‘Moving On’ at Athena Film Festival, Starring Lily Tomlin and Jane Fonda
Jane Fonda and Lily Tomlin, whose duo and friendship has been shining in films and TV for decades, work their magic in Paul Weiz’ hilarious comedy Moving On which Athena Film Festival presented in the film’s New York City premiere at Barnard College the third day of the four-day festival. Moving On premiere screened at Toronto Film Festival in September and will be showing in US theaters on March 17th. Athena Film Festival’s Artistic Director and Co-founder Melissa Silverstein also held a talk back via Zoom with director/writer Paul Weiz about the actors, the concept and a humorous take on Malcolm McDowell’s great good will in an always authentic performance playing the villain Howard that audiences love to despise.
Academy Award®-nominated* writer Paul Weitz admitted the conceit to Melissa Silverstein that had been haunted him for a few years before he wrote the film then set out to cast it with Academy Award® winner Jane Fonda and Academy Award® nominee Lily Tomlin. Beware, here comes a spoiler alert. The dialogue, which Weiz says he hears first rather than sees images, entranced him. “I’m going to kill you Howard,” was the phrase which Claire (Fonda is sparky white wig which she chose as revelatory to the character) says to her deceased friend’s widower (a crusty, petulant Malcolm McDowell) at the the funeral. The set-up is humorous as Claire’s Fonda looks angrily determined and McDowell appears both alarmed and annoyed to be so interfered with at a high moment of grieving with guests gathered around. We assume that Claire isn’t actually serious about her threat and perhaps is upset and delivering a quasi chiding threat.
However, when Tomlin’s Evelyn sees Claire and the two estranged friends begin to warm up to each, Claire reveals that her intentions are not only serious, she has thought about how she is going to kill Howard. At this juncture the film becomes a hybrid comedy, mystery, thriller. Will she be able to pull off Howard’s murder without out getting caught which she doesn’t particularly care about? Why does she want to kill Howard? And will Evelyn’s and Claire’s friendship bond once more over Claire’s pursuing revenge, which Evelyn doubts she has the “guts” to do since she never followed through on plans she confided in Evelyn years ago.
How Weiz, Tomlin, Fonda, McDowell and Richard Roundtree who portrays Ralph, Claire’s second husband, unfold the comic, poignant, sardonic and quasi suspenseful series of events to answer the questions makes for an entertaining and LOL romp into relationships, suppressed secrets, estrangements and reunions, truth-telling and love and concern for each other when most needed.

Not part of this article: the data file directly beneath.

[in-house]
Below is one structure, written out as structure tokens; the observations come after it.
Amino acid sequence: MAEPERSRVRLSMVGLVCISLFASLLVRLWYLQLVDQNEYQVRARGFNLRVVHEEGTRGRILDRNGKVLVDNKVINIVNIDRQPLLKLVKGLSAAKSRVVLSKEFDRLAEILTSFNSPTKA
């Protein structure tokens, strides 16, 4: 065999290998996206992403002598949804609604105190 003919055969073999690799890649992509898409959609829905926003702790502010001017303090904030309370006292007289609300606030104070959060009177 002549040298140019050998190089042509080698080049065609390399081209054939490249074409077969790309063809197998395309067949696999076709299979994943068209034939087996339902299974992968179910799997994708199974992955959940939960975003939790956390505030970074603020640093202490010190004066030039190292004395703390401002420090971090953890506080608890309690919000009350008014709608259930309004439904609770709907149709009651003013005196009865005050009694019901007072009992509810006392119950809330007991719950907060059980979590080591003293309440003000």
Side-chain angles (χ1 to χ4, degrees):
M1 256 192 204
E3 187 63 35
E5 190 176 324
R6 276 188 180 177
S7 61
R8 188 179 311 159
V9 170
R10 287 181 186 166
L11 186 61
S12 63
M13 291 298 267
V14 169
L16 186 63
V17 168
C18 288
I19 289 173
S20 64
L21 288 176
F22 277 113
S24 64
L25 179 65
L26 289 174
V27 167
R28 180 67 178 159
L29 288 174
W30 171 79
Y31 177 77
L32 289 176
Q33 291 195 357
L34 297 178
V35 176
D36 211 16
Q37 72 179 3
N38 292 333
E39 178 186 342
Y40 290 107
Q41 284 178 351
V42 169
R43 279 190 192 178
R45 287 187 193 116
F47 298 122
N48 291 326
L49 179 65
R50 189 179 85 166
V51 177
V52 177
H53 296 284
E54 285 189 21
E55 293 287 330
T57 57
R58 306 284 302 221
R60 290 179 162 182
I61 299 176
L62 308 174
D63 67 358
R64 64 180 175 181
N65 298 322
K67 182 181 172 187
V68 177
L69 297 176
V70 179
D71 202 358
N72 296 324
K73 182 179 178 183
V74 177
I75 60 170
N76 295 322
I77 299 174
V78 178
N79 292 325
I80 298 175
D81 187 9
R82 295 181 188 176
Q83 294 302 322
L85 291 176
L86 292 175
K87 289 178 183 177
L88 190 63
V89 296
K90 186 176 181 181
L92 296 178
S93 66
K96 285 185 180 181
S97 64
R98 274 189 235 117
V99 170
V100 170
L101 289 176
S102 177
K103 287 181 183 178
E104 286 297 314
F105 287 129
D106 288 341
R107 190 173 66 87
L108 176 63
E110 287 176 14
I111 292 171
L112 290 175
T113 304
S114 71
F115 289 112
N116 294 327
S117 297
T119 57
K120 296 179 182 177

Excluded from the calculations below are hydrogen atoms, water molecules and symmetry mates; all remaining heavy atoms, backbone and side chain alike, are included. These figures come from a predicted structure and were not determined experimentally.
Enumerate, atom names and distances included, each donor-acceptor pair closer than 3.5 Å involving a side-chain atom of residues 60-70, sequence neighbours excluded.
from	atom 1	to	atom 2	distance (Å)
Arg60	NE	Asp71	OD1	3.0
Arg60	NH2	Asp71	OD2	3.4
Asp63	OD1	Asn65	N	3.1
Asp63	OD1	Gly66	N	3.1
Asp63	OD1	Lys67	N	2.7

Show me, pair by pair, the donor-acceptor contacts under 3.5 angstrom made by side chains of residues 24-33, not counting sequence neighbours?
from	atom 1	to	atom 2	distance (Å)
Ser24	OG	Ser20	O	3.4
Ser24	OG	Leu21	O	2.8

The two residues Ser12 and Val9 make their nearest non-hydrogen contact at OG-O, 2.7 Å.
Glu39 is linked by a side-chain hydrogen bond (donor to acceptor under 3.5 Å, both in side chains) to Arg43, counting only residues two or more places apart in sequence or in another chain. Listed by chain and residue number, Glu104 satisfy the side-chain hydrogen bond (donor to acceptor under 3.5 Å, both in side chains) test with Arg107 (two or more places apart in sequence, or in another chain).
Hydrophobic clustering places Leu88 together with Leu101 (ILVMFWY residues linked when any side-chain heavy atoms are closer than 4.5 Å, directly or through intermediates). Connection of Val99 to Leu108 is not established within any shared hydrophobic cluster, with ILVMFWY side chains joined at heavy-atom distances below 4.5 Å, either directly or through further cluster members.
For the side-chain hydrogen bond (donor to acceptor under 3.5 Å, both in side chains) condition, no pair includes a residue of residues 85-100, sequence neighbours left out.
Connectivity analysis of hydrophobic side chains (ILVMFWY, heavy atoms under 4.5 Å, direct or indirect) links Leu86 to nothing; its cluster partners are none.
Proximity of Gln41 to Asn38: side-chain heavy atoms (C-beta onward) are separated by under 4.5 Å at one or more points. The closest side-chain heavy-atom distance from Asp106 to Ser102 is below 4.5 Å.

Weiz’s characters are authentic and true-to-life and the actors portray them with specificity and detail down to their costumes which Weiz discussed the actors had a hand in developing. Tomlin’s Evelyn is humorous and ironic, yet poignant as she confronts aging in an Assisted Living Center where she comes and goes as she pleases and eventually brings Claire to, though she is embarrassed about it and in their initial meeting lied telling Claire that she still lived in her adorable house. A former classical cellist who has arthritis and now finds it painful to play, Evelyn also lies about having continued her performances with a symphony. The scene where she attempts to play and can’t is a cruel one and a reminder of aging vicissitudes which have no answer except to endure them.
Weiz devotes time to rounding out both Evelyn and Claire with just enough backstory to spill into the present conflicts they have with each other as well as their interior hurts and difficulties in the decades since they’ve seen each other. For example Evelyn who is gay is friendly with an adorable youngster who is the grandson of one of the clients in the Assisted Living Center. The youngster loves putting on women’s clothes and Evelyn obliged him in a previous encounter while his parents visited his grandfather. Evelyn gives him earrings which he loves wearing and which become a point of contention with his parents later in the film. In a brief encounter with the parents, the youngster and Evelyn, we understand the decades of repression and rejection Evelyn as a gay woman experienced which the youngster’s parents are subjecting him to. Evelyn provides a hug and much needed warmth as they say goodbye with the scowling parents looking on after he returns the earrings to her.